As my blog posts all feed into Facebook, people often comment there rather than here. I got a few comments on my recent post Of language, clothes, and dangerous activities for boys, which I’ll reproduce here for the benefit of people not on Facebook (though I’ve edited out the names in case people get annoyed). I’ve also added a few clarificatory comments at the end.
me not can believe serious you be being. doing be you what when language a learning you be?
ultimately, every discourse has its own field, tenor and mode and if you fail to engage the other within them you will be face-controlled, much as you would be if you turned up at a black-tie party in bermuda shorts and a hawaiian shirt. As such, anything done outside of the rules of engagement would be deemed a mistake.
I broadly agree, and I like the analogy. I am not sure, though, that there are all that many cases where we are bound by no constraints whatsoever. Using ‘between you and I’ is basically fine, but I don’t take the argument here to imply a total carte-blanche relativism.
When people describe something as ‘wrong’ it can sound absolutist, but it is perhaps better understood as making reference to criteria which are assumed to apply universally or almost-universally. Usually we can take for granted that the needs to be understood, to communicate information effectively and precisely imply some restrictions on how we ought to speak.
Going out in Newcastle in a t-shirt in December is something that lots of people do, and in one sense that is fair enough. But there is also quite a strong sense in which this is the ‘wrong’ thing to wear, i.e. by reference to one of the main purposes behind clothing – to keep us warm.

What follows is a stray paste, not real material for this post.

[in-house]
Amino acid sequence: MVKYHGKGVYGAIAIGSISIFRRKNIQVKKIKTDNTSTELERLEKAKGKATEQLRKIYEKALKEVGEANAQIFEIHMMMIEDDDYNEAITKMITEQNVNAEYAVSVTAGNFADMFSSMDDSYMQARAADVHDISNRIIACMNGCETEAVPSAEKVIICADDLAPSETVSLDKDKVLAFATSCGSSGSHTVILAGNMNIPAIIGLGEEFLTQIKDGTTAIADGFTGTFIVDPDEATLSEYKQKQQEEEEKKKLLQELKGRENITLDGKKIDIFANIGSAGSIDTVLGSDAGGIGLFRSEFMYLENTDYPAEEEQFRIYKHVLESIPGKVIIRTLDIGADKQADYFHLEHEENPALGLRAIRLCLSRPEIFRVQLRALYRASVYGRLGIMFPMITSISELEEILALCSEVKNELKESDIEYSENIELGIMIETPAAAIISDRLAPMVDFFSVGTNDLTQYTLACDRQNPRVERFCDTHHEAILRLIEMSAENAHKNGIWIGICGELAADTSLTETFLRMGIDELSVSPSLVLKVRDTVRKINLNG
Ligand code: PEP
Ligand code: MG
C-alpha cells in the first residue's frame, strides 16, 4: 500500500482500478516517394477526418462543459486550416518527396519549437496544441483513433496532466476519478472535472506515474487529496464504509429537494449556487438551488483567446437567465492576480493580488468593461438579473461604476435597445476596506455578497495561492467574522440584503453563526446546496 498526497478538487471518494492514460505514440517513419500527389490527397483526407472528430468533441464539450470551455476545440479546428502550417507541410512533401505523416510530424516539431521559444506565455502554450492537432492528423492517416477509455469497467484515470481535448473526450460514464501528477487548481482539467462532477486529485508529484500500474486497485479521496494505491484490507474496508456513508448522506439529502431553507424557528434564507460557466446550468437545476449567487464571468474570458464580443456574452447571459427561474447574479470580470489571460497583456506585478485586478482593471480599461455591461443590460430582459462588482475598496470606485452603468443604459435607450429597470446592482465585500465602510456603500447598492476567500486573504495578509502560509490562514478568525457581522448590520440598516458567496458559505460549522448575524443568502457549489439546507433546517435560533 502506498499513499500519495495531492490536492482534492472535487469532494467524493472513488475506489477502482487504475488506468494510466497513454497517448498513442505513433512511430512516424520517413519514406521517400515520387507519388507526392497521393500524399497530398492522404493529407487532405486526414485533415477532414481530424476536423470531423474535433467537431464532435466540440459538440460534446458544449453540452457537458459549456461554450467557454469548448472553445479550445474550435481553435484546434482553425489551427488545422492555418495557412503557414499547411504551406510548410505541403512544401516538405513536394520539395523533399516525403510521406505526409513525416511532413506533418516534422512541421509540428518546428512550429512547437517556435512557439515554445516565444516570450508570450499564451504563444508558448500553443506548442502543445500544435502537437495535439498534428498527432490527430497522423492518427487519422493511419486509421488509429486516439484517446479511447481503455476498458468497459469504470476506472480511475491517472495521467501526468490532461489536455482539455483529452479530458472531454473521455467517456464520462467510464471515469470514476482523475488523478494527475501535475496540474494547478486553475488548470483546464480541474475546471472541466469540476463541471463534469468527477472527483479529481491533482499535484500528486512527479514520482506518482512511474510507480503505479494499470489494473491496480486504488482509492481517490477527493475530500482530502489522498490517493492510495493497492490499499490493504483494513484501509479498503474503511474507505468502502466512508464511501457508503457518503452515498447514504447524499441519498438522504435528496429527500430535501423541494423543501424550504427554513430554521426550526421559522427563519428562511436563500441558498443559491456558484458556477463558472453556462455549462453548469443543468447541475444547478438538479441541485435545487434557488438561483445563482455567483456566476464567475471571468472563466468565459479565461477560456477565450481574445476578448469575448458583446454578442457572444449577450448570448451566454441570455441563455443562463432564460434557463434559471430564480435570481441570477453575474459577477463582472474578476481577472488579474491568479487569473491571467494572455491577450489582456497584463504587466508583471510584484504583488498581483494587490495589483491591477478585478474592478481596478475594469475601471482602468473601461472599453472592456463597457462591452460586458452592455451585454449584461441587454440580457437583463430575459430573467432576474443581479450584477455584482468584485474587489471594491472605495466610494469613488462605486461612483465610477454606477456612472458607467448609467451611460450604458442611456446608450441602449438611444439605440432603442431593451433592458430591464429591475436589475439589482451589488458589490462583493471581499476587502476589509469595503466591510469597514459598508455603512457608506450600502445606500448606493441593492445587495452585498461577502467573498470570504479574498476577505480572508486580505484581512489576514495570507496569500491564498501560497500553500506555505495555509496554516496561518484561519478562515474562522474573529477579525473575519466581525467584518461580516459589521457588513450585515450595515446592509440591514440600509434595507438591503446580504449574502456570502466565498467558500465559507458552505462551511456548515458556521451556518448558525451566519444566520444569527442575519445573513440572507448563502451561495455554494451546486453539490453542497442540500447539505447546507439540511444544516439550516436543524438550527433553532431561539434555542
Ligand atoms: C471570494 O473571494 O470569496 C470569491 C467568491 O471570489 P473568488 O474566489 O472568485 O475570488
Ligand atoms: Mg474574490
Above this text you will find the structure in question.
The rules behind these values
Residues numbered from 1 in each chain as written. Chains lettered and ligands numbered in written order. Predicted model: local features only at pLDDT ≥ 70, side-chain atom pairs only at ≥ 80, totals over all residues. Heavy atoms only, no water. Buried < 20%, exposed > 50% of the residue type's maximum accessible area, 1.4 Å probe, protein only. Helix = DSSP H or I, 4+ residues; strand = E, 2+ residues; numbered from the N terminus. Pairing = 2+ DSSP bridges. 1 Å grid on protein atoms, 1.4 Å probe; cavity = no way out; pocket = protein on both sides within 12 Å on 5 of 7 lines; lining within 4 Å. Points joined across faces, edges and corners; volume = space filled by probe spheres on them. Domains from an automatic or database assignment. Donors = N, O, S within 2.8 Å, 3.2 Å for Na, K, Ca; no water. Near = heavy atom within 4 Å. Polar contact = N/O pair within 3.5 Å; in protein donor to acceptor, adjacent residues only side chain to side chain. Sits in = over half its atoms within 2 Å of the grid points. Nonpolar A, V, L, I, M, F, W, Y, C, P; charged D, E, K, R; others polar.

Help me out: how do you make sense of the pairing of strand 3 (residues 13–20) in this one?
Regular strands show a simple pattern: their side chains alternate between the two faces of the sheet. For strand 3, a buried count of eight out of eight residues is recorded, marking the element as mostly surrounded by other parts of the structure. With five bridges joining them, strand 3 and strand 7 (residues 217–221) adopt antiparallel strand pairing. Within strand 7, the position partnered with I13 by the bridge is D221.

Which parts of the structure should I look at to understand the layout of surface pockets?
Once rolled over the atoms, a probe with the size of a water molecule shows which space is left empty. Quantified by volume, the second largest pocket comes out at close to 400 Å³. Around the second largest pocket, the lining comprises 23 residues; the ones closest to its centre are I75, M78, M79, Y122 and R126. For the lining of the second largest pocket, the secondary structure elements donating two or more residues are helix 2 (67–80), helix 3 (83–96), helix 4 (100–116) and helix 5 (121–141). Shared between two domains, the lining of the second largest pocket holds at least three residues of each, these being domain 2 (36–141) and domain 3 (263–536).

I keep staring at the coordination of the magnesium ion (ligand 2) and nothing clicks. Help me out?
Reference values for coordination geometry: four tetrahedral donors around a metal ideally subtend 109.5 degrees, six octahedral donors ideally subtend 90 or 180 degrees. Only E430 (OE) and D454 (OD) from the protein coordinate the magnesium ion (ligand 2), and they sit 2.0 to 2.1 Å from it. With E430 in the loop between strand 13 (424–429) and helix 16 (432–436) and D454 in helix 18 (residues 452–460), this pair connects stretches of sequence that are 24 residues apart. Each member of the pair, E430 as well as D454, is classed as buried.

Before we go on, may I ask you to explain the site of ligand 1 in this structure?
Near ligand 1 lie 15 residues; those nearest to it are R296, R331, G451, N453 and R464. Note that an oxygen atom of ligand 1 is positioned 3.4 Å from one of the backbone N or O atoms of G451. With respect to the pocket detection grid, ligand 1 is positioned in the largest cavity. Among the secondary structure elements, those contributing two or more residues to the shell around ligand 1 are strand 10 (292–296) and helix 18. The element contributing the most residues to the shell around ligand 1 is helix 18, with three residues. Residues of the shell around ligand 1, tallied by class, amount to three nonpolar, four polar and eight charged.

Grammar pedants who would like to invoke something like this all to justify ‘correct’ usage should also note that applying these criteria (usefulness, precision, intelligibility) consistently, has led me to use the scotch ‘yous’ plural second person.
“Language is as its speakers use it.”
thanks, gareth! can you please publish this in parenting magazines all over the world? i hate language nazis who hypercorrect their kids because their language is wrong. (although i don’t particularly appreciate ‘between you and i’ – not as a learner of english 🙂 …).
i’ve always been amazed at this particular sg+pl disagreement in english. does that only work with contracted forms? or only with ‘there’?!
And my replies:
Thanks commenter c:)
To Commenter a: I think you may be missing my point. When I learn a language like Russian, my chief aim is to learn to speak as Russian people do. Given that, I would be making a mistake to use Russian in a way that Russian speakers don’t use it (although I accept that such mistakes are inevitable). In terms of the analogy: if I want to look Russian in the way I dress, I am making a mistake if I dress in a way that Russian people don’t dress. Your second point is, I think, precisely the point I’m making: you can be mistaken in your use of language, but only in the way that you can be mistaken in your use of dress.
So I also agree with you, Commenter b. Inasmuch as it’s wrong to wear a t-shirt in Newcastle in the winter, it can be wrong to use a particular construction in a particular linguistic environment. I thought that’s what I was saying in the post.
I apologise if I implied there are situations with no constraints. I see how you could read it that way, but it’s not what I intended. I meant ‘no specific constraints’ in the sense of specific instructions (like style guides or dress codes). There are indeed almost always constraints of some sort.
Anyway, I’m certainly not implying carte-blanche relativism. A key point of my post is that it is possible to be wrong in one’s use of language. But this is ‘wrong’ in the sense that you can be wrong in your choice of clothes. That’s the take-home message.
‘Between you and I’, in other words, is not ‘always wrong’; but it can be wrong, or mistaken, or at least a bad idea, in certain contexts. And it’s very much a matter of what you’re trying to achieve. In certain (admittedly very restricted) contexts, therefore, it may even be better than ‘between you and me’.